Pad over teak floors to the window. There’s the call of cicadas and rooster zealots, and yes, definitely chanting but no- this is wrong, I need a gauzy dress and a “steaming mug” of ginger tea in my hands, I need to be on a breezy porch, or on the beach. But the air is thick and tepid-I can’t hear the chanting from the porch, and there’s no beach, so I’m catching my Buddha-moment through grimy glass slats, cement and overgrowth in my view, noseeums watching from the other side of the net, and still it’s okay, it’s only me here. And it’s right now.
Three hundred and nine steps up Doi Suthep, Theravada monks are wondering what we’re up to in the city. Terracotta under their feet. Don’t be bamboozled by the robes, or statue likenesses outside the chedi of the monks as cartoony infants. If they could see Chiang Mai through the summer haze-farmers burning fields-they’d be peeking. Sure, there are bells to ring in Wat Phrathat. There’s Farangs to ask the Buddha’s view on Cancer, and whether he’ll be there for the Rapture. A white elephant transport, for the Buddha’s shoulder bone. Climbed Doi Suthep, trumpeted three times, and died. This was a sign. Leave your elephants at the bottom of the mountain. The first chedi was built.
Teaching English in Chiang Mai in exchange for room and board. The kids probably think I’m weird, but it’s because I love them, like, I’m really crazy about them. I can’t stop smiling at them. It’s got nothing to do with biological clocks. I still don’t want a kid of my own.
But these kids.
These kids with their polite gooood mahhning teachuuh Ka-Lee and the way they let their little hand rest on your leg when they show you their drawings. Their Angry Birds themed, over-dressed, long-sleeved bathing attire, and matching bathing caps. And their smiles: shy, semi-toothless, genuine. I don’t know how to talk about smiles without getting all cliché on you, but I’d heard there was something special about the Thai brand of smile, and I heard right. It’s not just a routine tightening of facial musculature, it’s an event. A little bit of good passes into you. And you can give some back, if you remember to be present while it’s happening. This isn’t easy for me. I often forget to be present during hugs, too. I had a friend who used to get me into hug position, and then remind me to pay attention to what was happening. Hugging. He was a good friend.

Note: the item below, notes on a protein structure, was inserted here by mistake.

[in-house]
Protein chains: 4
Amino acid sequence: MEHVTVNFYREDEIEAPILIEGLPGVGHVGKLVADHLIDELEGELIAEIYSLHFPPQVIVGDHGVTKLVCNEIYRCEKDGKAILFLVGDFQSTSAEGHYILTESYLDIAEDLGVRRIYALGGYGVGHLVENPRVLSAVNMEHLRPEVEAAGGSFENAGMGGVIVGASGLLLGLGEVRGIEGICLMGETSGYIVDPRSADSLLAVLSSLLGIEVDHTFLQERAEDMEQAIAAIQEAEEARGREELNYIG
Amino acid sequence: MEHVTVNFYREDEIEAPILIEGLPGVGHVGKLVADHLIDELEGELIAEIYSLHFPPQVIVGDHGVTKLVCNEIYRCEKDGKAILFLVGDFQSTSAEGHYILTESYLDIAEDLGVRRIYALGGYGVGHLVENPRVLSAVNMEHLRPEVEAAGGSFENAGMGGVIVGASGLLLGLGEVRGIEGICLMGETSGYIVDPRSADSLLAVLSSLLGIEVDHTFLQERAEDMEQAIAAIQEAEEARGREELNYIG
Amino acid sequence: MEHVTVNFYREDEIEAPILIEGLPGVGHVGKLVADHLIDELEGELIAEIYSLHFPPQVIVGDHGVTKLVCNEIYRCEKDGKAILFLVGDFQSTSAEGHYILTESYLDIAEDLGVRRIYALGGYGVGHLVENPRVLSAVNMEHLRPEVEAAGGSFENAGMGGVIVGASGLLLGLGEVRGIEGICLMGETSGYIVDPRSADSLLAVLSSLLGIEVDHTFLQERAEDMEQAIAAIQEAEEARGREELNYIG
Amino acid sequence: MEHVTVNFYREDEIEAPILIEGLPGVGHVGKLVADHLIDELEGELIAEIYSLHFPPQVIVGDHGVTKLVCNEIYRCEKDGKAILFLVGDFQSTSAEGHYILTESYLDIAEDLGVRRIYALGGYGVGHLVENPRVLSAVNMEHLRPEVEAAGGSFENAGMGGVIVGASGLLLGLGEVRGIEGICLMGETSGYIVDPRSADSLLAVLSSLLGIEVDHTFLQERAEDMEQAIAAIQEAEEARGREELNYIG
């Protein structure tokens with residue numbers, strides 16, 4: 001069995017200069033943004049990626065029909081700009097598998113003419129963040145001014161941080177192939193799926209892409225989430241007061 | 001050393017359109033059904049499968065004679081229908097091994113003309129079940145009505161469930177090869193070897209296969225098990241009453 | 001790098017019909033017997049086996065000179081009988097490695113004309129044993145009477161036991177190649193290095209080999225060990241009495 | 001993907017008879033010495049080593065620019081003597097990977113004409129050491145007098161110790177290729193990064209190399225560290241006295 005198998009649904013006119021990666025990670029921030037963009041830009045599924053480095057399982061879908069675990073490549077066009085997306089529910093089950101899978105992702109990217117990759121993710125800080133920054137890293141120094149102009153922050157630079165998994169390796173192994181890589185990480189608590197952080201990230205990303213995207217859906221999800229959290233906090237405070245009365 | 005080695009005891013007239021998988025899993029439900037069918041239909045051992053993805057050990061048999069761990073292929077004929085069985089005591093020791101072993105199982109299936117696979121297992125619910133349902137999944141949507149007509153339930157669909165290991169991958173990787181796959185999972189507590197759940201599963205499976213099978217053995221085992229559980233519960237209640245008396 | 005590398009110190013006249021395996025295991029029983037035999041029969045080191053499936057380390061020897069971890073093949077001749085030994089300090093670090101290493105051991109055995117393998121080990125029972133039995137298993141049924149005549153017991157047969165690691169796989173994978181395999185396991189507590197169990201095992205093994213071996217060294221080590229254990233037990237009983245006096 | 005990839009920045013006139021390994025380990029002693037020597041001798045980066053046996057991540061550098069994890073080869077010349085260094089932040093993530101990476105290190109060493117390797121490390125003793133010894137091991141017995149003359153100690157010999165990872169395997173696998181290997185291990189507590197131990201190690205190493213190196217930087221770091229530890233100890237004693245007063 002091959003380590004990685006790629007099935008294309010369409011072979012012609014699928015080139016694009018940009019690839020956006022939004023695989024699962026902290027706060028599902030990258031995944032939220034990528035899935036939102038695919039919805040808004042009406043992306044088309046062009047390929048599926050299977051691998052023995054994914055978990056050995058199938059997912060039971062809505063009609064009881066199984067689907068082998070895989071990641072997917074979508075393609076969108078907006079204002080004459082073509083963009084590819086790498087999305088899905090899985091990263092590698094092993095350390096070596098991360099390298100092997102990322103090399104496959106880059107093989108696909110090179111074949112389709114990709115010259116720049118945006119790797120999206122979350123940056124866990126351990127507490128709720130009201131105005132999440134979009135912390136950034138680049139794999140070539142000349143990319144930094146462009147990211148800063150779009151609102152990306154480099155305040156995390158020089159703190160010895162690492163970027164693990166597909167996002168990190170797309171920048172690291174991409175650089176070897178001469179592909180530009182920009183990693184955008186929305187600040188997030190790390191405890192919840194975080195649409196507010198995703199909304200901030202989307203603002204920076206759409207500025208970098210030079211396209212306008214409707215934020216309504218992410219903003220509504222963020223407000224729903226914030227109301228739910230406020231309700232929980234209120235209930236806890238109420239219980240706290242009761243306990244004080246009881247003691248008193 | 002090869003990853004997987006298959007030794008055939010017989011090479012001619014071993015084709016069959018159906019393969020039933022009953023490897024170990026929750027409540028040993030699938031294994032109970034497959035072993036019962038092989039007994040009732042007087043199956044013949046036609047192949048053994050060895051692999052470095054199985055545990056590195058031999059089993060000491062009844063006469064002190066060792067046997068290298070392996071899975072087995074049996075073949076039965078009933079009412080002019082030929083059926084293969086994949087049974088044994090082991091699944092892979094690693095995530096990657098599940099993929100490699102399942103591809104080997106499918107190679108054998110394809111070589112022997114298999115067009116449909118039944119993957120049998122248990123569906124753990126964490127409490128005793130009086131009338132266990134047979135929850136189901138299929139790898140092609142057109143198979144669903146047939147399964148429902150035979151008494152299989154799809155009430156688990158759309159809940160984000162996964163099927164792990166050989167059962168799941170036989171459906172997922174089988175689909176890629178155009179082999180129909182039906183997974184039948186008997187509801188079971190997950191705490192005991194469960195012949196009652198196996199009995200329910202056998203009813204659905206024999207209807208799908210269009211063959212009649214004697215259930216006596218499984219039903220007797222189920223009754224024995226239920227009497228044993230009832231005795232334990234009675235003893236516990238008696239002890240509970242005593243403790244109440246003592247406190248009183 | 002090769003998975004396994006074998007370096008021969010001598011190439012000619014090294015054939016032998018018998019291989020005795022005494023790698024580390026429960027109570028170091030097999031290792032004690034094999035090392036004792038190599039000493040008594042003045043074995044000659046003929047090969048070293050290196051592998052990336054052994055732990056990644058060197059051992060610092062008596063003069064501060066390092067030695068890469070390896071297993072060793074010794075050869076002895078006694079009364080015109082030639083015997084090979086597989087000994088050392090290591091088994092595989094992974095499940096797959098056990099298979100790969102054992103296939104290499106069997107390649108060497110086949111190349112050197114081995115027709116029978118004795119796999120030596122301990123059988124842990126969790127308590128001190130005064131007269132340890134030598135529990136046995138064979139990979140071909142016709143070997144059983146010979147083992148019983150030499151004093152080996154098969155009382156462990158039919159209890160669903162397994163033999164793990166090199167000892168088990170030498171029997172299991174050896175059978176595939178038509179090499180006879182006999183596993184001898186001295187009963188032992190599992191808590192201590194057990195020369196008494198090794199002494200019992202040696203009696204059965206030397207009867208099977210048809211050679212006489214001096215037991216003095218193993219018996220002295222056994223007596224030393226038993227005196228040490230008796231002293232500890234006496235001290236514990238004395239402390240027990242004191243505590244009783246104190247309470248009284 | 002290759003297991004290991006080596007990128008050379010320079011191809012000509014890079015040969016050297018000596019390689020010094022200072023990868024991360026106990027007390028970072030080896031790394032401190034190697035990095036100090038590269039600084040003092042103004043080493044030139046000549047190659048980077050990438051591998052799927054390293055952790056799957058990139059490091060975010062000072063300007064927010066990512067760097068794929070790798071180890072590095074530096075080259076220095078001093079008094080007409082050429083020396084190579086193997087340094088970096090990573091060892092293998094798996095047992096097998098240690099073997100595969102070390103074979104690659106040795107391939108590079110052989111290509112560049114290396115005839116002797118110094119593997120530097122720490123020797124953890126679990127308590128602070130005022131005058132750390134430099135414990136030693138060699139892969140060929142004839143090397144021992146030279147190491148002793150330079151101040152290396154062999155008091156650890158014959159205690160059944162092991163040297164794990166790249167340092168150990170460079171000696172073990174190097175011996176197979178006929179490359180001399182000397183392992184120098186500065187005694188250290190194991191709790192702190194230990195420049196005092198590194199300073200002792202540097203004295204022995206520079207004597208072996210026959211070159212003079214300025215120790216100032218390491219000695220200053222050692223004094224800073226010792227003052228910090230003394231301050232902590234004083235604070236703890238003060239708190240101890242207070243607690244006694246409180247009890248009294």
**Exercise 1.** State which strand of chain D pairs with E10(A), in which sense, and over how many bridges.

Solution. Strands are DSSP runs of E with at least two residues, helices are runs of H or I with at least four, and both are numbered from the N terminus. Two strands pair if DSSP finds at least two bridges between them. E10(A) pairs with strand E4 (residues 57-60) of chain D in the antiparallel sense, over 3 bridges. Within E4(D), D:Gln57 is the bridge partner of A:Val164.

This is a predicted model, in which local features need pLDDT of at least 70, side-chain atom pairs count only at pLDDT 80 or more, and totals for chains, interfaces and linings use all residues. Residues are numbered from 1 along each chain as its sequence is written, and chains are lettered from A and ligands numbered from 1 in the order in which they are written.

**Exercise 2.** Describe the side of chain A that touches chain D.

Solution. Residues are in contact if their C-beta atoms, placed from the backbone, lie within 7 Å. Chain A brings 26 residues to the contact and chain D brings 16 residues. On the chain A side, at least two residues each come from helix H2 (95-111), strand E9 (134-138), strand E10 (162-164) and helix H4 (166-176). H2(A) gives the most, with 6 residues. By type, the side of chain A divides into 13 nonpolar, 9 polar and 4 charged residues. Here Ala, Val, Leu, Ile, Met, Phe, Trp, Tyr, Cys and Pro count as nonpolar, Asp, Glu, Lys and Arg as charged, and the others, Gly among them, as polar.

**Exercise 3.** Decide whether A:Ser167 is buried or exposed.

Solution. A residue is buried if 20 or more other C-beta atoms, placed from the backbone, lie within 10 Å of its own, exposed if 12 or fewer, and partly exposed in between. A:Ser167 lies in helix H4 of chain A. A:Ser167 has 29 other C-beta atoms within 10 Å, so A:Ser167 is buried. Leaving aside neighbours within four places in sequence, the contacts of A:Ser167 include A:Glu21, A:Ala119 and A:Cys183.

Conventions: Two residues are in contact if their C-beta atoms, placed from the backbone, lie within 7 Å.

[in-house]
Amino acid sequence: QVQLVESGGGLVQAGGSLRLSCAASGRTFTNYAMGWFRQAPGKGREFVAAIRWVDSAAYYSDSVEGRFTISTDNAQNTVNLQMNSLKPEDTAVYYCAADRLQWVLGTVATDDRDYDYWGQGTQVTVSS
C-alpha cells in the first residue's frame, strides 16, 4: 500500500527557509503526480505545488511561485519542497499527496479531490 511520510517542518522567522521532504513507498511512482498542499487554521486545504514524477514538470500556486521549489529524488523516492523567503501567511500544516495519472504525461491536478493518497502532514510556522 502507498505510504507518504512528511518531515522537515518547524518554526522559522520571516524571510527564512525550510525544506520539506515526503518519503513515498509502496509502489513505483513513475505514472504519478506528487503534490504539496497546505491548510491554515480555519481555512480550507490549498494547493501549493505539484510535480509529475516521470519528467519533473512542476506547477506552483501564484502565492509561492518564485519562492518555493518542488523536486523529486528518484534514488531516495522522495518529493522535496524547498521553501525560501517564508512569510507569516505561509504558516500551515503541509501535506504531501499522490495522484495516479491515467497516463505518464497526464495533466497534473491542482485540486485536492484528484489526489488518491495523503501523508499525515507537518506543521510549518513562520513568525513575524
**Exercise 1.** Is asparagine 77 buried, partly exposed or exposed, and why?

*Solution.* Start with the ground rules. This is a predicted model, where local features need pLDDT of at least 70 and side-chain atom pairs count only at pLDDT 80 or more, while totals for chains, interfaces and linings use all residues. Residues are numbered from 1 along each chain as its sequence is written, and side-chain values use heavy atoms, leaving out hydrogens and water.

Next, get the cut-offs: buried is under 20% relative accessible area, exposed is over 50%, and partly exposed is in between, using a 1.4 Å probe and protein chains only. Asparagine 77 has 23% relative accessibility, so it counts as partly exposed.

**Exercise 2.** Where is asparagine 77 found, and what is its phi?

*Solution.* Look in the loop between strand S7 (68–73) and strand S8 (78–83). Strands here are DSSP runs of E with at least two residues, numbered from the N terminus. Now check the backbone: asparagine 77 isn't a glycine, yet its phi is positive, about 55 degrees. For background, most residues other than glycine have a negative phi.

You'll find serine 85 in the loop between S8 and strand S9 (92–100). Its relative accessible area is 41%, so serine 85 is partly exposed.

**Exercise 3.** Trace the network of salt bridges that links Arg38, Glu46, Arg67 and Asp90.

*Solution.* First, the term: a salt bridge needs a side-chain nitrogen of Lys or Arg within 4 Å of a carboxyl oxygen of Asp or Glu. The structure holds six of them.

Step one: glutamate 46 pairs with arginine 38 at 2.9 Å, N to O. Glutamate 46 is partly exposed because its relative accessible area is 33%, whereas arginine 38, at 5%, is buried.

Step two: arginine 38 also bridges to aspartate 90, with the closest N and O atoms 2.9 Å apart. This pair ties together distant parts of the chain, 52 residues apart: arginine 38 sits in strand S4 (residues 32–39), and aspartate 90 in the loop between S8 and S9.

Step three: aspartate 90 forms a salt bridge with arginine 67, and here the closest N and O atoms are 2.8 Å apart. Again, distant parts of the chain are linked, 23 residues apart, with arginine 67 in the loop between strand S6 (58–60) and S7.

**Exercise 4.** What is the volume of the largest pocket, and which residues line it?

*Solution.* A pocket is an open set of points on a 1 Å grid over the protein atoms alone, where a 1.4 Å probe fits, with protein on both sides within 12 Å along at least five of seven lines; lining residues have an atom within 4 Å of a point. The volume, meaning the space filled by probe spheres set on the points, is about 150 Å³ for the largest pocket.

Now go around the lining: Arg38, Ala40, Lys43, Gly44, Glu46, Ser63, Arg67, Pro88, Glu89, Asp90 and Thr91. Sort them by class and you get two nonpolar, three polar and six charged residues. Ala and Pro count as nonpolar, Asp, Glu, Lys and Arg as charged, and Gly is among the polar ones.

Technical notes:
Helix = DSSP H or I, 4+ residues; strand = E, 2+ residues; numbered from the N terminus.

Q: When is a Yoga retreat not a Yoga retreat?
A: When it’s a gathering of business professionals in a yoga-based industry, who have come together from both fitness and entertainment fields to offer you, the quiet couple from Canada who just wanted a weekend getaway in the mountains, this amazing one-time offer complete with free yoga classes, the pained general camaraderie that comes with being a sales professional and surely guarantees a slow and painful death due to diabetes or heart failure, AND a chance to test our products AT NO COST TO YOU and OH MY GOD- this is going on Facebook the moment this three day “internet cleanse” is over.
One more backpack trudge back to a cheaper hotel in a better part of town. Greener grass. Songkran water-festival scrubbed the alleys clean. Back to My Mum guesthouse, where three generations of women will greet us. Polyester tight-perm grandmothers will give up their chairs for us, and there will be nothing to do but sit. Green smoothies on the corner at the end of the alley, girl picks the basil from a pot at her feet. Avocado omelettes for breakfast. The sun’s going to be too hot, but we’re not going to sweat it any more. The street’s going to smell like shit, but we’re not going to notice. The mountains still won’t be there, not visible. Next time we pack up, it will be to catch the overnight bus to Bangkok. Overnight flight to Shanghai. Morning flight to Vancouver. We’ll arrive nearly before we’ve left.